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Jack Smith

A Diamond Is Forever : The Secret of Enduring Marital Bliss May Be a Shared Appreciation for Major League Baseball

June 14, 1987|Jack Smith

According to a survey published in a recent issue of Forbes, Los Angeles is one of the four worst American cities for happy marriages.

The other three are New York, Washington and, improbably, Albuquerque, N.M.

The four best cities are Philadelphia, Pittsburgh, Cleveland and Orlando, Fla.

Orlando is easy enough to understand. It is populated mostly by older couples whose marriages are long past the crisis point. A marriage based on community life savings and Social Security is relatively safe.

I have no idea what makes marriages last longer in Philadelphia, Pittsburgh and Cleveland. If we can believe our myths, Pittsburgh and Cleveland are capitals of banality, and Philadelphia is ruled by an encrusted elite and a corrupt bureaucracy.

Perhaps banality is good for a marriage. Without the excitements and distractions of the more sophisticated cities, the old Good Housekeeping values may prevail.

I have always had the perhaps naive idea that a city with a first-class symphony orchestra and a major league baseball team was a good place to raise a family.

Cleveland and Philadelphia have first-class orchestras, and I imagine that Pittsburgh has, too, though I've never heard it. Also, all three have major league baseball teams, so it should be no surprise that their homes are happy, their marriages stable.

This standard fails, however, when you consider that Los Angeles and New York both have world-class symphonies and major league baseball teams, yet their marriages are said to be in disarray.

Washington's problem is easier to understand. The loss of that city's major league baseball franchise may indeed have shattered its marital equilibrium. Without its beloved Senators, Washington is a city of unrequited love; a child who has lost his teddy bear.

I have no doubt that Washington's marriages would revive if its baseball franchise were restored. A big city without a team has no heart, no core. What chance has a marriage without its spring hopes, its winning streaks, its shutouts, its hits, its runs, its errors, without a team to serve as a metaphor, to resonate to its wins and losses?

Still, both the L.A. and New York franchises prosper. Why, then, are those two cities so inhospitable to married life?

According to the survey, "In New York married couples have time for everything but each other and become two people passing in the kitchen."

That may be true. Everything is so accessible in New York City. All those little delis and art galleries. The bars, the parks, the zoos, the museums, the subways rushing here and there, the off-Broadway theaters, the shops, the teeming sidewalks. So much to do. Inevitably marriages collapse in the kitchens of tiny apartments just as their partners do.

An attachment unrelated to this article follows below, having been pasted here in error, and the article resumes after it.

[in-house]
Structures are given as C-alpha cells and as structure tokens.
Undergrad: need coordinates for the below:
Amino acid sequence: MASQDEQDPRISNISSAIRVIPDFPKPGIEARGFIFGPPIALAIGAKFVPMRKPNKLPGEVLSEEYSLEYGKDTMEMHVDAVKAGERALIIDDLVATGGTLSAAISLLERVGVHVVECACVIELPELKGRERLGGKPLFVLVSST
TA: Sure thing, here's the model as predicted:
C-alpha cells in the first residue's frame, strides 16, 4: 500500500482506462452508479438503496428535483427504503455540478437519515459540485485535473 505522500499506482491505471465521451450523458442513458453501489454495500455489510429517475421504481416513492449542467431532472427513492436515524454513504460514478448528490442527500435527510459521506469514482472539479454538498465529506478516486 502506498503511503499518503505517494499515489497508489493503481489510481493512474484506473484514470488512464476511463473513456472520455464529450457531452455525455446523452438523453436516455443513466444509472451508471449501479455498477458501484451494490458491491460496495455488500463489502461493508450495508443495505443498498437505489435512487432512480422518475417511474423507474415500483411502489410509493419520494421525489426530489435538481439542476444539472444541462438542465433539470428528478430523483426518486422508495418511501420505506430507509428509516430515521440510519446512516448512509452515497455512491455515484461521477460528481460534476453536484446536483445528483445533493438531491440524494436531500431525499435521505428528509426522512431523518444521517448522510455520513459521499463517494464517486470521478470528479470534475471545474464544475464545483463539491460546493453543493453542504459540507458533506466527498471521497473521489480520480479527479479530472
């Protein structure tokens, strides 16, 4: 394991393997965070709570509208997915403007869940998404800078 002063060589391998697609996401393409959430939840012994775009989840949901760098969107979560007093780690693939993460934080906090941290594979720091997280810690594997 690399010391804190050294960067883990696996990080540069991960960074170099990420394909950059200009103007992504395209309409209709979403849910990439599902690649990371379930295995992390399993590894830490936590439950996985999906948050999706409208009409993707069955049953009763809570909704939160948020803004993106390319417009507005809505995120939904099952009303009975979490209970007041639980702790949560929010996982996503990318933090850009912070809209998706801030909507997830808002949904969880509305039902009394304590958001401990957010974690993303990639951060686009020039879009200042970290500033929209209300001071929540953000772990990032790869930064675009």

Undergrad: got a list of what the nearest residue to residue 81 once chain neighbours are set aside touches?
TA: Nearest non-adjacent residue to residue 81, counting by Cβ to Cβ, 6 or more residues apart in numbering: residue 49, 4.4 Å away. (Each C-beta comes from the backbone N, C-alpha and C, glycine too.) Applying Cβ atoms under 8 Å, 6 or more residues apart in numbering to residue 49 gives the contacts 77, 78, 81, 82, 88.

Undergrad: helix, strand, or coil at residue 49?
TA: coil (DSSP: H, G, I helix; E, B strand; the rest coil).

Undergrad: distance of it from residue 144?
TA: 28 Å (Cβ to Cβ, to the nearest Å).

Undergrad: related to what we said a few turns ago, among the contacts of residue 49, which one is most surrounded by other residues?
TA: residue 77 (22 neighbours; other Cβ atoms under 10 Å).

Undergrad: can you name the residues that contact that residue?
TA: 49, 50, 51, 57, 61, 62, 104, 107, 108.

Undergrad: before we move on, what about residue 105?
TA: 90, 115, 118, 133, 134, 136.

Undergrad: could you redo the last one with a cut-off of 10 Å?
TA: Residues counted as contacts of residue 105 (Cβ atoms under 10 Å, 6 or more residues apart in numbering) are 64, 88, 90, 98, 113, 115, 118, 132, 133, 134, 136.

I have an idea that if New York couples went to the symphony once a week in winter and to the ballpark once a week in summer, their marriages would last.

"In Los Angeles," the survey said, "everybody is eyeing everybody else. Too many beautiful distractions."

I suggest the same antidote. The music hall and the ballpark are public places. People are thrown together. But I doubt that any adulteries ever started in one or the other. One concentrates either on the conductor's baton or the batter's bat: One is not susceptible to the meaningful glance, the lingering handclasp.

Coincidentally, I happened to be in Albuquerque when I read about the Forbes report in a newspaper. My wife and I had just driven through the city, and it seemed to be, if there is any such thing left in America today, a pretty, medium-size, stable, prosperous, healthful place to live.

It was smaller than I would have thought, and older, with thousands of houses from the first half of the century enclosing a downtown that is rising from its ruins: a downtown of medium-height new buildings done in the pervasive Southwestern style, looking vaguely like Aztec temples.

A handsome mall had been cut straight through these ornaments, wide and refreshing, with a gushing fountain at its center and a new library on one corner.

It seemed to be a city in which people were trying. I had no doubt that its women were busy behind the scenes in restoration and cultural work, supporting schools, libraries and their symphony orchestra. (It was doing excerpts from "Aida," "Il Trovatore" and "La Forza del Destino" while we were there.)

Yet, the report said, it was the worst of cities for marriage: "Managers (the ones surveyed) feel isolated from its Wild West culture, and notice an undercurrent of rebellion among the children."

I don't know why children would rebel against a Wild West culture, but I can see that women might. There are still a lot of Sinclair Lewis' Carol Kennicotts in mid-America, frustrated by insularity, cultural hunger and the lack of a major league baseball team.

As we flew over the city on our way home, I looked down in vain for some sign of dismembered homes, anguished wives, disgruntled husbands and rebellious children.

They have their symphony, and they have a Triple-A baseball team. What more can they ask for starters?

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